Movie Title: Borat Subsequent Moviefilm
Genre: Comedy, Mockumentary
Writer: Peter Baynham, Sacha Baron Cohen, Jena Friedman, Anthony Hines, Lee Kern, Dan Mazer, Erica Rivinoja, Dan Swimer
Starring: Sacha Baron Cohen, Maria Bakalova, Dani Popescu, Tom Hanks, Manuel Vieru
Review: Released from prison for bringing shame to his country, Kazakh funnyman Borat Sagdiyev (Sacha Baron Cohen) risks life and limb when he returns to America with his 15-year-old daughter, Tutar (Maria Bakalova). While battling the COVID-19 pandemic and the events leading up to the U.S. Presidential Election, Borat attempts to present Tutar to Vice President Mike Pence as his wife in an effort to restore glory to his homeland.
Borat Subsequent Moviefilm is the long-awaited sequel to the wildly controversial, yet wildly hilarious mockumentary, Borat. The antecedent moviefilm excelled in large part due to its fantastic writing and its unabashed shock value. While the subsequent moviefilm has a lot of shock value to go around, this movie also has a lot more heart than its predecessor. Now, Borat Sagdiyev is a father. And while the premise initially suggests that Borat must gift his daughter, Tutar, to American Vice President Mike Pence; the film ultimately ends up being a really heartwarming tale of a dad connecting with his ambitious daughter. Don't get me wrong, there are still plenty of silly gags and wild scenes that push the boundaries of what is acceptable cinema. What makes this film great is that the comedy stems a lot from what America is enduring during 2020. Two big events are at the forefront of this film: the American Presidential Election and the COVID-19 pandemic.
I know what many of you may be thinking. You've been beat over the head enough by both of these things, but I promise you this film is well worth the watch. Now, depending on where you land on the political spectrum, you'll either find this film incredibly funny, or it will probably have you seething with untethered rage. Let's all remember, that this is the Borat Sagdiyev shtick. It's very heavy on the political satire. Sacha Baron Cohen took a ton of risks to get this film made, and you can't help but applaud his efforts. The breakout star here is Maria Bakalova, who plays Tutar. She put herself in plenty of uncomfortable and vulnerable situations, but played the role with wonderful composure. She admitted that there were scenes that made her very nervous, but that she trusted that everything would be ok. Some of these scenes really pushed the envelope and if she really were nervous, you really couldn't tell. The end result was great chemistry between Bakalova and Baron Cohen, and well-executed comedy.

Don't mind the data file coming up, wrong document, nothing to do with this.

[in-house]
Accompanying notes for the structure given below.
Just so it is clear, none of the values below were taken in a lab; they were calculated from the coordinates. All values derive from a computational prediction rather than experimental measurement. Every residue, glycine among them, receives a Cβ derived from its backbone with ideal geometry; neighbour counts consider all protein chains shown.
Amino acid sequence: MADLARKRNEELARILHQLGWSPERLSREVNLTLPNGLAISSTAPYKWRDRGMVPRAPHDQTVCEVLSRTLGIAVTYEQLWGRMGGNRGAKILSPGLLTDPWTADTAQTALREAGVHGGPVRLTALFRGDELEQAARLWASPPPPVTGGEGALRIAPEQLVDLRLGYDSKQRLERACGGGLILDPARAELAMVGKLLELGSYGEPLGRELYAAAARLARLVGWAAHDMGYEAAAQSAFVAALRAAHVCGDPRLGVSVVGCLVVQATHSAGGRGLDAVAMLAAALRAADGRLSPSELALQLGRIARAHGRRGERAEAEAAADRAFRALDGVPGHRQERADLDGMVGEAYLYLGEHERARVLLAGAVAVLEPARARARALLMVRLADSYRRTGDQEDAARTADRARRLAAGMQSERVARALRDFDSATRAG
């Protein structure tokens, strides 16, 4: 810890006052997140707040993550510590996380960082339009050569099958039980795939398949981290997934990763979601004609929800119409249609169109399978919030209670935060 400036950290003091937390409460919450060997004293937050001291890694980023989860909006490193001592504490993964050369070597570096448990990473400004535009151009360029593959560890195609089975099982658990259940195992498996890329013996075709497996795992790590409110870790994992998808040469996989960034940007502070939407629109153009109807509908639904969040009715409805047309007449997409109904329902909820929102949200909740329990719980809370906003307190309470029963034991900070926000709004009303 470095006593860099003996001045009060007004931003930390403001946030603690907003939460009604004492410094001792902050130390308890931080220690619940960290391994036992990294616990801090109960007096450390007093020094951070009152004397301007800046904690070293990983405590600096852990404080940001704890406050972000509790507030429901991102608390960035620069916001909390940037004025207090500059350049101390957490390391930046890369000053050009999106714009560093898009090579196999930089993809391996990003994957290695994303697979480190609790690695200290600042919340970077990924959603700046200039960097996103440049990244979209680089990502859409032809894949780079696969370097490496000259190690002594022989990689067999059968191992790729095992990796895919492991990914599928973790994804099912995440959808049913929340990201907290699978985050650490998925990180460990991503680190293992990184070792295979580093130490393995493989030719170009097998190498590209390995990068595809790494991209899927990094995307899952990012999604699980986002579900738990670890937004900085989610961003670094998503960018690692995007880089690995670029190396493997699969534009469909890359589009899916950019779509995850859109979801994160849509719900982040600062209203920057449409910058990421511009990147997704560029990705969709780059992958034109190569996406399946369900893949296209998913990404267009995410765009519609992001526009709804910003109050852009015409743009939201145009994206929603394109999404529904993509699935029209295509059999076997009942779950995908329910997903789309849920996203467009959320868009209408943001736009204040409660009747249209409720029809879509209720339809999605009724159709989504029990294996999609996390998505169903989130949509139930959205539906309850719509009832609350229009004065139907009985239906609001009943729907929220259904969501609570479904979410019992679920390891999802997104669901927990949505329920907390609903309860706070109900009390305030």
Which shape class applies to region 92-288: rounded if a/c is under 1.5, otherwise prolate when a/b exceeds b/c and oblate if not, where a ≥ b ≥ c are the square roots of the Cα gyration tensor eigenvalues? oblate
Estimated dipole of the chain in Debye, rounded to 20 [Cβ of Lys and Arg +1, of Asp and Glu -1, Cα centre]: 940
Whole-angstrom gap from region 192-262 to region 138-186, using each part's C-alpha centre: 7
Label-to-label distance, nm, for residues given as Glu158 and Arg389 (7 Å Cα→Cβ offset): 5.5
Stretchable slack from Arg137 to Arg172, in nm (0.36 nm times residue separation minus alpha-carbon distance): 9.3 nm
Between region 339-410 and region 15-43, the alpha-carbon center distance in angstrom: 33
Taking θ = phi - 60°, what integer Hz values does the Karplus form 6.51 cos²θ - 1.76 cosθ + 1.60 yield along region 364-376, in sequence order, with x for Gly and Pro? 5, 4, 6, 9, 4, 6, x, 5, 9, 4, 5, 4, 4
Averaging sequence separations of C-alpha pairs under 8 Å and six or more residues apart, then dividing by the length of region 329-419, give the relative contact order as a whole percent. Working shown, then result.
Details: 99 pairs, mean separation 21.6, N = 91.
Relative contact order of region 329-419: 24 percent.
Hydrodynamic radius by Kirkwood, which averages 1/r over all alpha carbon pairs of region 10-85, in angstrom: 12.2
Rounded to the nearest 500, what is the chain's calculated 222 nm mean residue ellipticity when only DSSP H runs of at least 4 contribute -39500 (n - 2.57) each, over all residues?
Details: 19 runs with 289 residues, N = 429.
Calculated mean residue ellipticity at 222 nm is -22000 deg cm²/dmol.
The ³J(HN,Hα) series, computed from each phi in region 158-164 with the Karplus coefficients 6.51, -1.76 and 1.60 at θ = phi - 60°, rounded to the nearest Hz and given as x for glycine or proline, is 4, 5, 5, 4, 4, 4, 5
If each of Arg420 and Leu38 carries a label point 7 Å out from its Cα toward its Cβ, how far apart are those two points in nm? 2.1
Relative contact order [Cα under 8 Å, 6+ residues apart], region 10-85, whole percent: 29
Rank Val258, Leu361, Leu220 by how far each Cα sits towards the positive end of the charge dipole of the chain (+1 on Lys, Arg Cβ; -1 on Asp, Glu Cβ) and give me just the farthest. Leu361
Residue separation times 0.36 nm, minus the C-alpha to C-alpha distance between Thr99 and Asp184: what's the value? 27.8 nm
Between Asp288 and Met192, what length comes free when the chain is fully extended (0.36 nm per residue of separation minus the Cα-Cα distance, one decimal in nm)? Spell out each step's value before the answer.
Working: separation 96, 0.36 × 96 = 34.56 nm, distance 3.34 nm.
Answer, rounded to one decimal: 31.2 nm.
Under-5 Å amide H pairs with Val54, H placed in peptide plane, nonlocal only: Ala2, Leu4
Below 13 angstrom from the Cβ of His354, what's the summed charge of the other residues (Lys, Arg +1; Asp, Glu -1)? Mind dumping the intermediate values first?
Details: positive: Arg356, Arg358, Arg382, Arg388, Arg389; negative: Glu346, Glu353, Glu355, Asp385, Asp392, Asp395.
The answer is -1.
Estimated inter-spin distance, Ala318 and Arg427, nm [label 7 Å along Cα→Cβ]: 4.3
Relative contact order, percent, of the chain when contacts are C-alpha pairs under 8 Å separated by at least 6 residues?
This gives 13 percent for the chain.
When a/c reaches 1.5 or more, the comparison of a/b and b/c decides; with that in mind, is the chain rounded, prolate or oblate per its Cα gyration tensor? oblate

We must offer the same disclaimer as the first film. This is not for everyone, but if you liked Borat, then I imagine you will also like Borat Subsequent Moviefilm. Borat Sagdiyev strikes again with more controversy, more heart, and more absurdities. It's "Very nice!"
Fun Fact: Sacha Baron Cohen speaks all of his lines in Hebrew, but with a thick Eastern European accent. Maria Bakalova speaks all of her lines in her native Bulgarian, and Dani Popescu speaks all of his lines in Romanian. This is a recurring joke that despite all speaking different languages, they all seemingly understand each other. All of this is to point out that American audiences can't notice the difference in foreign languages.